If your answer is yes, that’s amazing. Keep leaning into each other’s gifts. Keep encouraging those around you to use their gifts.

If your answer was, “That’s a lot of purple.” Where do you start? How do we make sure that the church is full of each and every beautiful and essential color. Every gift we have testifies to the life and work of Jesus Christ and is indispensable to the health of the body as a whole. They point to the truth of the gospel that He embodied each in a unique way. Having vibrant, functioning gifts in the church is easier to talk about than to do. But it’s possible.

So how do we move out of being a purple mass and into discovering our own gifts and those of our brothers and sisters? This is a good question for friends to discuss over coffee. I’ll add my suggestions below, but don’t stop with mine. Grab some friends, a Bible, a beverage of choice, and brainstorm.


Let’s get the hardest one out of the way. Our realities are stuffed with activities and appointments, so deliberately making rhythms that invest in friendships isn’t easy, and once the space is made, it still takes time for a relationship to deepen. Patiently waiting is something we aren’t used to. Sometimes friendships are jumpstarted by an intense, shared experience like a missions trip or college community living, or even a crisis, but usually it’s slow and steady. Years of earning trust and giving it. As we share life with our church family, we also share our gifts. They become revealed over time to others and to ourselves, if there’s room for that kind of sharing. I think that recognizing our gifts often happens like this. Sometimes a person has a very obvious gifting that smacks you in the face when you meet them, but for the rest of us, time is needed to peel back the layers.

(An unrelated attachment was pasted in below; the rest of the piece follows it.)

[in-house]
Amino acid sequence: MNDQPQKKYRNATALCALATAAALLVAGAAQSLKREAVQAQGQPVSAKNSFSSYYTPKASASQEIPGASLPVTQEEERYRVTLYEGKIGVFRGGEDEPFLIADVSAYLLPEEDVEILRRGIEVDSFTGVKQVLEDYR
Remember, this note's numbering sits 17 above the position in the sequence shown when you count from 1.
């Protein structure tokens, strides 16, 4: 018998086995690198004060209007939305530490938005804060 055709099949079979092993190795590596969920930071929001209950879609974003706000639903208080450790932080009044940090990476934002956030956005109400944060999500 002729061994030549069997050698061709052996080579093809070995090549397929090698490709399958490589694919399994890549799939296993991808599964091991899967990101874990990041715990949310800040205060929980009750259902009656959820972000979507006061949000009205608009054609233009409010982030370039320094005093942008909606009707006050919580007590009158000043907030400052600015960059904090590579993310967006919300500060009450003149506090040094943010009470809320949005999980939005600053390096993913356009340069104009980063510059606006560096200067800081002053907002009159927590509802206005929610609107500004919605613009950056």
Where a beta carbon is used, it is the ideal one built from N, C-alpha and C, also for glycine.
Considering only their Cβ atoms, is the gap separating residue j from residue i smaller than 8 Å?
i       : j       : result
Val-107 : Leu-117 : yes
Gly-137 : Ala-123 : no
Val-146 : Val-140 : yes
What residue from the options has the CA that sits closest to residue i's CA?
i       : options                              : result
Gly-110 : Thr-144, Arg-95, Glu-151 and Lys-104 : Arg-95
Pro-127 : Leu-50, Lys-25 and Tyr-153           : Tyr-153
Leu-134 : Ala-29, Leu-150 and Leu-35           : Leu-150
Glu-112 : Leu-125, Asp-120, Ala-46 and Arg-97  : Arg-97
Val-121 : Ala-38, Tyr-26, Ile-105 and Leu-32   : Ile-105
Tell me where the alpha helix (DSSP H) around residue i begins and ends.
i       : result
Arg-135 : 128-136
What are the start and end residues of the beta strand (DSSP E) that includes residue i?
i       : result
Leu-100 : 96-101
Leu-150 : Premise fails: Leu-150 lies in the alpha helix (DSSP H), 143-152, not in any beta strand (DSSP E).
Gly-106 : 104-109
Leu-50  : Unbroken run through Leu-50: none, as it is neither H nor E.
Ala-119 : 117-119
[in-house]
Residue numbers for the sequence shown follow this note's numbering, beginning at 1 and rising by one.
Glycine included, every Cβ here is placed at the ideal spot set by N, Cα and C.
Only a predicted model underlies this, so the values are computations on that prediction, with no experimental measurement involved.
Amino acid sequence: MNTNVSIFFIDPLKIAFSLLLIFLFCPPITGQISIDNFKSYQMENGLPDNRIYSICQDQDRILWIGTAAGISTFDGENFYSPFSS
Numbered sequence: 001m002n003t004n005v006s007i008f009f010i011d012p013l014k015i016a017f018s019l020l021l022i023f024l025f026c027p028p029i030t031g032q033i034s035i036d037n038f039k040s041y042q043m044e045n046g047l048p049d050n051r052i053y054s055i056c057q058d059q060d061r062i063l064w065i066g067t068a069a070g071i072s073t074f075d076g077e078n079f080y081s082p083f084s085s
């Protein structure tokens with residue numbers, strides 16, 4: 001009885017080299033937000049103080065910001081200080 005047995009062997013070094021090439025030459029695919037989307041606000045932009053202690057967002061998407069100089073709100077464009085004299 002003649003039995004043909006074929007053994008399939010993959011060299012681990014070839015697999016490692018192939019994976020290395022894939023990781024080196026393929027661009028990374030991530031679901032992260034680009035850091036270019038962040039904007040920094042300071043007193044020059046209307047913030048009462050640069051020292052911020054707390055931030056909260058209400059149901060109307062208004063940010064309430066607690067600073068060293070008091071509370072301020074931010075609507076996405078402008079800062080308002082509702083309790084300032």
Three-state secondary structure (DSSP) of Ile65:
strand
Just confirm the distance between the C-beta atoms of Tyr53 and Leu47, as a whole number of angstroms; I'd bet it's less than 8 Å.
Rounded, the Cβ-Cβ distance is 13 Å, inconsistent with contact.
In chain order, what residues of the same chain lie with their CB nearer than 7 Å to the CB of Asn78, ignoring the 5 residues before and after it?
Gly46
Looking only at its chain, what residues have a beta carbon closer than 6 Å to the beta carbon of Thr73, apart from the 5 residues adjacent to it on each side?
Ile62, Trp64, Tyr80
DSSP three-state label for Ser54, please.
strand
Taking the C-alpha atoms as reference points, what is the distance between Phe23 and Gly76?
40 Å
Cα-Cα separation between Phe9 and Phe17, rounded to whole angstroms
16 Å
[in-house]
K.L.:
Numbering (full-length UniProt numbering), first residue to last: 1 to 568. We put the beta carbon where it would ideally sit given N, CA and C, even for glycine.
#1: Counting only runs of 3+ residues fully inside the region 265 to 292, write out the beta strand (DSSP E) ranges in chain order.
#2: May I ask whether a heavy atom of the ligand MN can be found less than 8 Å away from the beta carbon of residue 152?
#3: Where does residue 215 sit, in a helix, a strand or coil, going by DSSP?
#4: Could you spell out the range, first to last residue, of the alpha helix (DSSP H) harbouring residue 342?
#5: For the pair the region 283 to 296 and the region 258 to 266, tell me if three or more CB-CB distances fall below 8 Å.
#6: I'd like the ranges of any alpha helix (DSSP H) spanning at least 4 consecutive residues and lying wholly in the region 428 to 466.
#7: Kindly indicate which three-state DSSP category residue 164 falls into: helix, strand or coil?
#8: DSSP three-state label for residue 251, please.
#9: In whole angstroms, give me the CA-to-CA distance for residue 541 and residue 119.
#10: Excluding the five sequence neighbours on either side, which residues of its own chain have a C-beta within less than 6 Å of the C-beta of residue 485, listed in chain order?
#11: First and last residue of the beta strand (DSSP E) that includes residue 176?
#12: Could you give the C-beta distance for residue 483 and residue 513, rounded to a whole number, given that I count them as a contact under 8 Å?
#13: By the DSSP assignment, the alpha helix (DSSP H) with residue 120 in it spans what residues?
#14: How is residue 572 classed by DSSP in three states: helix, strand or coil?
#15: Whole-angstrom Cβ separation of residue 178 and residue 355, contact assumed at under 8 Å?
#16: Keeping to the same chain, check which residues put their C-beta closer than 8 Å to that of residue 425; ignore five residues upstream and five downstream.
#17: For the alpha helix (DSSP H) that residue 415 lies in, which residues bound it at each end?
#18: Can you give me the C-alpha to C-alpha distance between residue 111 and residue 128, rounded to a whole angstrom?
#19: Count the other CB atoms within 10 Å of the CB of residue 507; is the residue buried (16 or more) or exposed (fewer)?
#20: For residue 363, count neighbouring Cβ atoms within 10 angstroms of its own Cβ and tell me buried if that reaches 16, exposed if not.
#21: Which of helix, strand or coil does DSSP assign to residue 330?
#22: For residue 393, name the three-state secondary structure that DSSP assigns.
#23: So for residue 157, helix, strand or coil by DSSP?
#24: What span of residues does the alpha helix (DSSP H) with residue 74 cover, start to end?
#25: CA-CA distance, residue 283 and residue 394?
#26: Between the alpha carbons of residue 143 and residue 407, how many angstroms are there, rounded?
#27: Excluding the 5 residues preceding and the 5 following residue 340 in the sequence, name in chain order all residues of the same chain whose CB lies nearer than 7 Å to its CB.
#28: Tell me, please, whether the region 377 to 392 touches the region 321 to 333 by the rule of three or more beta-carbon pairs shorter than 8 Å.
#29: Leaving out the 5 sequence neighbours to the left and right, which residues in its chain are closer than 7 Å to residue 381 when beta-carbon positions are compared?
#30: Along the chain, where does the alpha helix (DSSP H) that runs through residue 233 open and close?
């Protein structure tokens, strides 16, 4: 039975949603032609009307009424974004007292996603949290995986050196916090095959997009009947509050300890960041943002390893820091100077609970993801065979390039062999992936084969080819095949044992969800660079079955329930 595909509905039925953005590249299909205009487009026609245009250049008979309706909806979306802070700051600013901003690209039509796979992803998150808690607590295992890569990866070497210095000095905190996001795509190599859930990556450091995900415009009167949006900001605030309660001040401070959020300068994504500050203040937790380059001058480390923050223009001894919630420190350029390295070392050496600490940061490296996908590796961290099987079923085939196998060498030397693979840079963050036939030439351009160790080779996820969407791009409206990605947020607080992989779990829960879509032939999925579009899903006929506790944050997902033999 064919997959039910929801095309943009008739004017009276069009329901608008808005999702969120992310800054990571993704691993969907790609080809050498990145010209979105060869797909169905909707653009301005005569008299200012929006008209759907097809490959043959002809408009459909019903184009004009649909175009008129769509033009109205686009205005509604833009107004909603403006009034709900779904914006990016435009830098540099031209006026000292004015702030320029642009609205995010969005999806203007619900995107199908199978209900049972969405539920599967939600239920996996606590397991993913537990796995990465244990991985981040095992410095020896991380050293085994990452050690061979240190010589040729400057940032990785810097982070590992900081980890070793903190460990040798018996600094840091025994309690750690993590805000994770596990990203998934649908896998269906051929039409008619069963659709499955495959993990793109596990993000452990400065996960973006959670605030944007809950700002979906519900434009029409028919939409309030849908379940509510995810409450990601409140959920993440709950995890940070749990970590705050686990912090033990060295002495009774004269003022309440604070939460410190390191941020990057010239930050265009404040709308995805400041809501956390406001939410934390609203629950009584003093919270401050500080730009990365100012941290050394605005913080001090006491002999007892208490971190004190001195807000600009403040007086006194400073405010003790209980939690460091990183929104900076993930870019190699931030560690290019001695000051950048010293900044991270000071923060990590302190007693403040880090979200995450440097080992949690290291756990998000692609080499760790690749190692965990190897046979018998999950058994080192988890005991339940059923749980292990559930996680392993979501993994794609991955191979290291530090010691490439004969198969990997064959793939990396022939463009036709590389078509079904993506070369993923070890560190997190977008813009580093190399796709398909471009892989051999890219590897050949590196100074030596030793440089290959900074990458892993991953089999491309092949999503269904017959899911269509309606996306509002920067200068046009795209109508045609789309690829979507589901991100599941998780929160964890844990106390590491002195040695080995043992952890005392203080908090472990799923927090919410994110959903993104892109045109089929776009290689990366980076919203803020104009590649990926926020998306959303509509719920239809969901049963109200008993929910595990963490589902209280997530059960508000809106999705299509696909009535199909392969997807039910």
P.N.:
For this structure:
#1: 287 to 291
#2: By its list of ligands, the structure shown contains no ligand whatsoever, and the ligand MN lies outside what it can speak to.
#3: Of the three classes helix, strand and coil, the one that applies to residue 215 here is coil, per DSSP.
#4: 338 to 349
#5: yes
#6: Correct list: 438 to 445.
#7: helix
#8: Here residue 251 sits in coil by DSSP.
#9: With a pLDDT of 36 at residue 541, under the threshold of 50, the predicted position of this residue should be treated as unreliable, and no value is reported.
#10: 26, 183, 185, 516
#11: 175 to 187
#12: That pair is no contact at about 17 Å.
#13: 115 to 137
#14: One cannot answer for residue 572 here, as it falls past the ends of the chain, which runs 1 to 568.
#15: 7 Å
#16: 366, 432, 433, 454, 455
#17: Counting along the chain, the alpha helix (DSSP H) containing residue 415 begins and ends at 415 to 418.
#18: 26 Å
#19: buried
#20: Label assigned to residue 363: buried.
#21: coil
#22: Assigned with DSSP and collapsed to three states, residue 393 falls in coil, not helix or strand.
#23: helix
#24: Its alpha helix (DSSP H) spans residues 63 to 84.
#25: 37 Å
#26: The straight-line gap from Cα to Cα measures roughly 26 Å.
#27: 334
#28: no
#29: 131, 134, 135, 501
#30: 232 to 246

Then, as time goes on and gifts are revealed, an amazing opportunity unfolds before the church: The chance to confirm the gifts that have come to the surface. The example of this that comes to my mind is in Acts 13 when Paul and Barnabas were separated out by the Holy Spirit and sent on their first missionary journey. Verse one reveals that a small group of men were prophets and teachers, Paul and Barnabas being included among them, and they were praying and fasting when the Lord spoke. Their gifts were already recognized by their fellow brothers and then confirmed by the laying on of hands. How encouraging it is when someone who knows us well says, “Yes, I see that you have that gift. You should totally go and use it.”